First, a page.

While John Ridley continues handling high drama and hard topical content with this month’s debut of his Showtime miniseries Guerilla and the L.A. Riots documentary Let it Fall, he’s also made some clear signs that he wants to transition to more lighthearted and fun fare. While his name has been long-attached to the script of a mystery Marvel television project, it appears that a more immediate assignment will have him writing a film centered on time-travel.
It has been learned (via Deadline) that John Ridley closed a deal with Miramax to pen the script for a film called Needle in a Timestack, adapting the 1966 short story collection of the same name by Robert Silverberg. The story will center on a man who finds his marriage destroyed by a time-travelling rival, inciting him to do everything possible to prevent the incident, possibly with paradoxical consequences. The script will stand as Ridley’s first proper foray into the sci-fi genre, after spending his career handling powerful dramas and the occasional jump in comedy.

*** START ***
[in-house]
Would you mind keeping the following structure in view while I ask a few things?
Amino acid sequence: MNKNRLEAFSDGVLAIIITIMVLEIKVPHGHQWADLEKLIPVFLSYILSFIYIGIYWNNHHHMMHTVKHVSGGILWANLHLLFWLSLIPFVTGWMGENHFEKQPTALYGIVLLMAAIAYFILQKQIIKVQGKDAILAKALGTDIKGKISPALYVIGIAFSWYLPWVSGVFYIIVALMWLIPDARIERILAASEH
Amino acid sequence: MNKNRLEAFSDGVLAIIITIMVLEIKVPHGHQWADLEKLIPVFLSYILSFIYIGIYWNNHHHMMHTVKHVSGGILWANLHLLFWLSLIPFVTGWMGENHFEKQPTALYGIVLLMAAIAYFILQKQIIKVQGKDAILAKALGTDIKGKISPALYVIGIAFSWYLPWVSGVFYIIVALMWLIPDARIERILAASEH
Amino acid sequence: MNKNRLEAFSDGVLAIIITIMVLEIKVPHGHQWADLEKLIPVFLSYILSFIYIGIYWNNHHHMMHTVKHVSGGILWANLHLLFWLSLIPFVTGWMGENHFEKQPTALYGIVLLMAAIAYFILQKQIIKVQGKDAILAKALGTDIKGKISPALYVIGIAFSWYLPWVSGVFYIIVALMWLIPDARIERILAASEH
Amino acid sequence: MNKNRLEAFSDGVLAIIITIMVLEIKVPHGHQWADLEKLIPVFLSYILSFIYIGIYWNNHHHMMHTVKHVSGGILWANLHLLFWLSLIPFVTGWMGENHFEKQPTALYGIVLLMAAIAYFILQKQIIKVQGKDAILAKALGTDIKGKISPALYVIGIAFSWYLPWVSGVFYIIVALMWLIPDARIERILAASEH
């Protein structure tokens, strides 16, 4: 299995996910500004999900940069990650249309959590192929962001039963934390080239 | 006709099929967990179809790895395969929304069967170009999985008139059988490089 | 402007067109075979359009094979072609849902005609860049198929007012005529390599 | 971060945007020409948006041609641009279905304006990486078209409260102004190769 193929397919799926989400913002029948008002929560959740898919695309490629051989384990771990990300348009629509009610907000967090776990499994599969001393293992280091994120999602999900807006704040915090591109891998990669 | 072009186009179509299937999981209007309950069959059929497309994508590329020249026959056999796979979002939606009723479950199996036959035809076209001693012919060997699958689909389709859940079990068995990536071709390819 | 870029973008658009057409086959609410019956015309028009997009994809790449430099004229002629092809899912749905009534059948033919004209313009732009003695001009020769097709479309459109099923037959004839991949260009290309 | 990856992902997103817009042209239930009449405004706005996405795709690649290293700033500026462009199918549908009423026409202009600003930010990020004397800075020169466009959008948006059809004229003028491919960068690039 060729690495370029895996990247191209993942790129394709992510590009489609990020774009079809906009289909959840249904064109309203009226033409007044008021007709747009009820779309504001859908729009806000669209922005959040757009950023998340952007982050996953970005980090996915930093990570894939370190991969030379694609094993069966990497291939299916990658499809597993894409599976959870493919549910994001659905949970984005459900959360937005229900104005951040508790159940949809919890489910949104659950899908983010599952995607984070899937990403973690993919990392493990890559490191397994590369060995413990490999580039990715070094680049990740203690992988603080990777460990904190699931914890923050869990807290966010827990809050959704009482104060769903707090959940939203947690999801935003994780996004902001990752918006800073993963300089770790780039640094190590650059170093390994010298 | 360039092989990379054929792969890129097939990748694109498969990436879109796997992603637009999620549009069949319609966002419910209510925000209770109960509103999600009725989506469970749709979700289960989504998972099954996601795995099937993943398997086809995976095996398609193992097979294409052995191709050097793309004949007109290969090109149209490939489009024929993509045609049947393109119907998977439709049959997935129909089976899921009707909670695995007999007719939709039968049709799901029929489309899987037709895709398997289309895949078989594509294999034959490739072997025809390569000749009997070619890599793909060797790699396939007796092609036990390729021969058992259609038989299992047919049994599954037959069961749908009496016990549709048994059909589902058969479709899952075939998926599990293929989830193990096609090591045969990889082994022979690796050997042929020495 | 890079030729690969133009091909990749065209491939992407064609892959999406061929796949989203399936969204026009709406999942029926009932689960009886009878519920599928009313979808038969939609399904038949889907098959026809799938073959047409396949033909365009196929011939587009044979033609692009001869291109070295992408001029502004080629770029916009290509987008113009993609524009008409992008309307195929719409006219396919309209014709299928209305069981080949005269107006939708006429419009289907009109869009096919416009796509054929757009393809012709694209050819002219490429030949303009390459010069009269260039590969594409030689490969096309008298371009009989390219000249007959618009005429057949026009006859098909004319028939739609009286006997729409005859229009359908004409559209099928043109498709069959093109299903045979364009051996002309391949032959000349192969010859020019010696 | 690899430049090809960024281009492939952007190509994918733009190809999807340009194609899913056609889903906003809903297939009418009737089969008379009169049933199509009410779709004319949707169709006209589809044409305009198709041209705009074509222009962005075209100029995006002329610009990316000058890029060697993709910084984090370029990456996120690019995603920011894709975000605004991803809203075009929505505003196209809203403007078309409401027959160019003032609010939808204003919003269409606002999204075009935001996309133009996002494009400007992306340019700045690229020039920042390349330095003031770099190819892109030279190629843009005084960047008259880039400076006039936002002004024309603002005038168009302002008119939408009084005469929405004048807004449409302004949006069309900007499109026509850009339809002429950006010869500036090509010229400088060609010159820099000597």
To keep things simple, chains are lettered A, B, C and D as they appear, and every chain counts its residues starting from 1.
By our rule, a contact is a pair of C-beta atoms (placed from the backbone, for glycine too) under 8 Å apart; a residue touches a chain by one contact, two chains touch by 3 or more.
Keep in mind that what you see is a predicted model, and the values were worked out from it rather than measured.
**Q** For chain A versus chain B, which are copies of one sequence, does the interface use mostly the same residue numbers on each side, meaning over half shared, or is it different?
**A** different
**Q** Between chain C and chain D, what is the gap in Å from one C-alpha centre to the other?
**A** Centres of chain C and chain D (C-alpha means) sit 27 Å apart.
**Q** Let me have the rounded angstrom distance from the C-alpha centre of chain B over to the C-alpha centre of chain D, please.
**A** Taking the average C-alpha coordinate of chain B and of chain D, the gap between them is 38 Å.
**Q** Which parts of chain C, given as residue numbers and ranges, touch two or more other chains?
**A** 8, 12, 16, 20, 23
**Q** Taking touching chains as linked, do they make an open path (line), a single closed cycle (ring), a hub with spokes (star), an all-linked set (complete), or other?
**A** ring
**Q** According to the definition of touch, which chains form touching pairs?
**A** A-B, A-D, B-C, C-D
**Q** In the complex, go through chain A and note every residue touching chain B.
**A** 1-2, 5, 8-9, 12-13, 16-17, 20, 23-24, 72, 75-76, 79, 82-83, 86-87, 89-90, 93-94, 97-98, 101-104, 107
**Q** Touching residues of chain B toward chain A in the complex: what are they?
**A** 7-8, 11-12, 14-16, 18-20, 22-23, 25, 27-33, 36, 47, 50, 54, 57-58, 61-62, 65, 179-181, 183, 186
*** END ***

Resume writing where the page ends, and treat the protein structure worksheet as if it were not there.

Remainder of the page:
For Ridley, Needle in a Timestack could be indicative of his desired turn toward genres that are not quite as transparently politically charged as some of his signature work. With the mysterious Marvel television project still on his backlog, he recently stated his desire to eventually jump on a genre franchise, specifically something his children could enjoy. Indeed, Needle in a Timestack, while still not likely a kid-friendly crossover, does seem to be a potential transitional project for the Oscar-winning writer of 12 Years a Slave in his aspired genre-tackling metamorphosis.
Needle in a Timestack will be overseen by Miramax’s head of film and TV Zanne Devine and senior VP of film David Thwaites, with writer Ridley joined by executive producers Vince Gerardis (Game of Thrones) and Matt Kennedy (Predestination). The project is currently awaiting a director.
In the meantime, John Ridley’s more immediate work can be seen with the premiere of his Showtime miniseries Guerilla on April 16, the ABC broadcast of his L.A. Riots documentary Let it Fall: Los Angeles 1982-1992 on April 28 and the return of his ABC television drama American Crime on April 30.